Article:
Today the Utah Court of Appeals issued a decision ruling that anonymous informants need not identify the crimes they witness with any specificity.
In Salt Lake City vs. Keith Street the Mr. Street appealed from his conviction for DUI after the trial court denied his motion to suppress evidence. In Mr. Street’s case a woman who was at Liberty Park with her children approached a police officer and told him that a man was passed out – Street – in his vehicle and she believed he may be intoxicated.
The police officer approached the car, which was pulling out, and the police officer signaled to the car to stop. The officer never witnessed any erratic driving and simply stopped the car based on what the anonymous informant had told the police officer.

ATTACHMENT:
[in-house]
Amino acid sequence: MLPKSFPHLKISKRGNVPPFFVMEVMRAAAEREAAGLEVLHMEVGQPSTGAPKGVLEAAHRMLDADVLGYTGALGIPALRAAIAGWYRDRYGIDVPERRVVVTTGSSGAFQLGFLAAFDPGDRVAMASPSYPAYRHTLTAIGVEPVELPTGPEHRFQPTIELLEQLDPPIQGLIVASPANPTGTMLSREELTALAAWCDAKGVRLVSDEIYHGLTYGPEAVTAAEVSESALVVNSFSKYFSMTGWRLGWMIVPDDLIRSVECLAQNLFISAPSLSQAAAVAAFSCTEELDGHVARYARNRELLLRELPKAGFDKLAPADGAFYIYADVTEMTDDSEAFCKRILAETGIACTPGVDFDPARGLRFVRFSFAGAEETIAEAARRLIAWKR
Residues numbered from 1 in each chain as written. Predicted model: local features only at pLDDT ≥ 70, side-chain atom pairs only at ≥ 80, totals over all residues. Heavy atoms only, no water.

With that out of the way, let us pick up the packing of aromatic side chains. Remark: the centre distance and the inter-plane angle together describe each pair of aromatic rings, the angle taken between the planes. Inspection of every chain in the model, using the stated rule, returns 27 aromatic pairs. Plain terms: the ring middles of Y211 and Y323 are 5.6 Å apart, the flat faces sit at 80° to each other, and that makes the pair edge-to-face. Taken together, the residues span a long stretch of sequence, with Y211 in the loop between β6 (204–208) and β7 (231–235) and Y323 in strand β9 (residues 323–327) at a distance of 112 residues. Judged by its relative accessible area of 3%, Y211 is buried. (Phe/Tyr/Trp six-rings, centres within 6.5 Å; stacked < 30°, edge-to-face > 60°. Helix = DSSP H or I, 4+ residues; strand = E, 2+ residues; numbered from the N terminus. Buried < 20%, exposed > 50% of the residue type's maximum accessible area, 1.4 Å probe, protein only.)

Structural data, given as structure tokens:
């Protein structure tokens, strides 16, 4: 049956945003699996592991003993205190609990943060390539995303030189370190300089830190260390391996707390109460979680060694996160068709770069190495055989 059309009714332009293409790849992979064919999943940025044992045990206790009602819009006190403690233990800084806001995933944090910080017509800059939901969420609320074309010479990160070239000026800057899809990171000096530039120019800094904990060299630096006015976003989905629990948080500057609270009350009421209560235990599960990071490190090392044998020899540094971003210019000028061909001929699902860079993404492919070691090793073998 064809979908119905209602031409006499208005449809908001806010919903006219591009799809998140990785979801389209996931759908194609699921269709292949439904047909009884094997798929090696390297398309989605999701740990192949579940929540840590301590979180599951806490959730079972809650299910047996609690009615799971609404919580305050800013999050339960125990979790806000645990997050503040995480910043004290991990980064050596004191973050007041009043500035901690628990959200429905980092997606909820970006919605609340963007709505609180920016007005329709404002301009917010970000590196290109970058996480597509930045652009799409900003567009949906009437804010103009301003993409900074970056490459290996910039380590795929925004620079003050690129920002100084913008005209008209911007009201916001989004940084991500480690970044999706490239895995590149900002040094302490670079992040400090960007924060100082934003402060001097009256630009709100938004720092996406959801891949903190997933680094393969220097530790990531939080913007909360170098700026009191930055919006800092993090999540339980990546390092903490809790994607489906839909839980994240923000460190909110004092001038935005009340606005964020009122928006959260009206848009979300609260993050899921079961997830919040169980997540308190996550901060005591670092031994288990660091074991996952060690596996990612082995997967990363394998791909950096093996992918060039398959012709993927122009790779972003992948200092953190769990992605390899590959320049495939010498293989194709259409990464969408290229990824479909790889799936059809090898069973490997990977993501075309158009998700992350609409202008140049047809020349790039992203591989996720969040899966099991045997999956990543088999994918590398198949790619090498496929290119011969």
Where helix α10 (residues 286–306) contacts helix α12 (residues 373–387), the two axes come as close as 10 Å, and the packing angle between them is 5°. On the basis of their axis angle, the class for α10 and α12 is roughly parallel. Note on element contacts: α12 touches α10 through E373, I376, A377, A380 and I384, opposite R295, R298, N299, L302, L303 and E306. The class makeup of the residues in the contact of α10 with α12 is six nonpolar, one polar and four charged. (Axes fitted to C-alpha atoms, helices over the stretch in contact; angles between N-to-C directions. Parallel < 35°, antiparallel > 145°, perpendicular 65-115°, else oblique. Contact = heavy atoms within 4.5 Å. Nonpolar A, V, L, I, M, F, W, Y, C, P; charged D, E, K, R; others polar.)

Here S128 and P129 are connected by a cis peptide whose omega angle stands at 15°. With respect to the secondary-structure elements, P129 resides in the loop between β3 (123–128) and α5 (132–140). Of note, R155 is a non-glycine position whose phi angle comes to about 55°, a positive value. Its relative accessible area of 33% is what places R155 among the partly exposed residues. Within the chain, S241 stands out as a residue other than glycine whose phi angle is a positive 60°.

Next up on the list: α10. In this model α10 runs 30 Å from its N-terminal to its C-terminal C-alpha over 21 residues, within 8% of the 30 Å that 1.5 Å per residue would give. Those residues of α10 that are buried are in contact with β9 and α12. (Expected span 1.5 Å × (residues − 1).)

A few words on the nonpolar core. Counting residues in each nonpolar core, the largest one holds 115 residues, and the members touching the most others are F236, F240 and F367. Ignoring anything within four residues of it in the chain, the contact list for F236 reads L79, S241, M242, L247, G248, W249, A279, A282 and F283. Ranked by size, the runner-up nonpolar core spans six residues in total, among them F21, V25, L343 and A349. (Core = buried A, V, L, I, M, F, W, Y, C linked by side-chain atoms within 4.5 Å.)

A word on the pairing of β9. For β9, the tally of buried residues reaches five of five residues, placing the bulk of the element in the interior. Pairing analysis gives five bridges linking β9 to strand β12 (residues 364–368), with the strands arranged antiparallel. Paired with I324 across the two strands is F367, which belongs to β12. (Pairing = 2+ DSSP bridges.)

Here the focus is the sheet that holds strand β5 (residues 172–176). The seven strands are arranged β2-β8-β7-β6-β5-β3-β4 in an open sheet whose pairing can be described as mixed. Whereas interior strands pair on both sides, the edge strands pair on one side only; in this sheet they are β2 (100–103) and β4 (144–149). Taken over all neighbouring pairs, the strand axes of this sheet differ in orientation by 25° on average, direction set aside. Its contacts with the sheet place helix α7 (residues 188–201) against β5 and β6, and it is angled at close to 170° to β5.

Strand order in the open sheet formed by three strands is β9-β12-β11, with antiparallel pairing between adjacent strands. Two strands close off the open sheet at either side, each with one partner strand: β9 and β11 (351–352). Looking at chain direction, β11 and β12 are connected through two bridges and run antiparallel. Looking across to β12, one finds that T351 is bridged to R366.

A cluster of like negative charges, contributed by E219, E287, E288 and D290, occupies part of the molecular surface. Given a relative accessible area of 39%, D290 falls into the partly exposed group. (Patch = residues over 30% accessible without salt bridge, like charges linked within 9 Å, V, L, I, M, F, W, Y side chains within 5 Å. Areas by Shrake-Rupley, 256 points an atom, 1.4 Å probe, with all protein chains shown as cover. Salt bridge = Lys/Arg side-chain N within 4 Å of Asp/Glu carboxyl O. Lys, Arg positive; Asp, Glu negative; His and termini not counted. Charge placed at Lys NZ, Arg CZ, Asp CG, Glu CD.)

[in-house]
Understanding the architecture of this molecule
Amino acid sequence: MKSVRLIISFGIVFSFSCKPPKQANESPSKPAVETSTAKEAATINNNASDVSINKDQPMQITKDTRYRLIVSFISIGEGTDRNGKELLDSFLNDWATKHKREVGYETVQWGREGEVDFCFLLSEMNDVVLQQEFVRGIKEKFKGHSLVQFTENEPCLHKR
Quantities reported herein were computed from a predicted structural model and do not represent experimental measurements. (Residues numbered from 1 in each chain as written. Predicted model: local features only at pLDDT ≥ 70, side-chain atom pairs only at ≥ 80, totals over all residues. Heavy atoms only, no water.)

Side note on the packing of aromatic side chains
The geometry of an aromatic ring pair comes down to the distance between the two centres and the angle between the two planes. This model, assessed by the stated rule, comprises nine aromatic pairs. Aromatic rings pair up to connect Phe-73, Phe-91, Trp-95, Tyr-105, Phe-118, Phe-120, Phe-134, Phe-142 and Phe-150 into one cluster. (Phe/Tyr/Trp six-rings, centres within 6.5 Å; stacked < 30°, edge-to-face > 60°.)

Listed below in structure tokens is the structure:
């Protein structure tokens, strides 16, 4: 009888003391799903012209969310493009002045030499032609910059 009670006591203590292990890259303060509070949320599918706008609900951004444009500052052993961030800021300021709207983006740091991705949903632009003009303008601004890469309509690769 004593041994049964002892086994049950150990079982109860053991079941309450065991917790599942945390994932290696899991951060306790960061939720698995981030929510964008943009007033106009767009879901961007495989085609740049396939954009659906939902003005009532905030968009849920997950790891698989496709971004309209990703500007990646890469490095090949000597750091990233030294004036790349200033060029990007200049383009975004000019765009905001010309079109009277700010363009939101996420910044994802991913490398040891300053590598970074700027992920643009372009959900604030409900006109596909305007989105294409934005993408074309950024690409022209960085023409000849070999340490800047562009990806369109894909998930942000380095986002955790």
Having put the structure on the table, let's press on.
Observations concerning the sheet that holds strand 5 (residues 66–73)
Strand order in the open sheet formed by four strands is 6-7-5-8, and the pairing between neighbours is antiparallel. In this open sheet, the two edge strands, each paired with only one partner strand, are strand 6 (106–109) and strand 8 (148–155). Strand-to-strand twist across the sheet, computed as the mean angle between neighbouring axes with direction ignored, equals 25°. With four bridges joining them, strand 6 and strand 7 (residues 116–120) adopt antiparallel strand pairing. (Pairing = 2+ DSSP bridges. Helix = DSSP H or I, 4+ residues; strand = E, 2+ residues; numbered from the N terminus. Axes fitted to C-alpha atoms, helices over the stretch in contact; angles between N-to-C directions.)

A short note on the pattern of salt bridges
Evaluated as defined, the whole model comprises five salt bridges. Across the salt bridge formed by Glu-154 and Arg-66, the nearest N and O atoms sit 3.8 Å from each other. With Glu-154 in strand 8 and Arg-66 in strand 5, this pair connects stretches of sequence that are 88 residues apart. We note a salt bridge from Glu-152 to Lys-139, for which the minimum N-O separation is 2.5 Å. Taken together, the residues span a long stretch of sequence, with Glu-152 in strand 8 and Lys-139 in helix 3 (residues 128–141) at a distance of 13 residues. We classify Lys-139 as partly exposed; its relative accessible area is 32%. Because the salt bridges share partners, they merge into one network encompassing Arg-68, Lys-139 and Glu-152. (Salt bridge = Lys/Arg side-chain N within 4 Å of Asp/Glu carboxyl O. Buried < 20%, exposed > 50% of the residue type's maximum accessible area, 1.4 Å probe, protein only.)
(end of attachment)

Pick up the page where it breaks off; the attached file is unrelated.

In reviewing whether the stop was appropriate the Court of Appeals found that (1) the woman was reliable, (2) the detail she gave the officer was sufficient to create reasonable suspicion, and (3) that the police officer’s personal observations were consistent enough with the little information that the woman gave him to justify the stop.
Essentially the Court of Appeals with this decision has made it near impossible to challenge reasonable suspicion based on an anonymous information’s tip. This is yet another set back for civil liberties in Utah.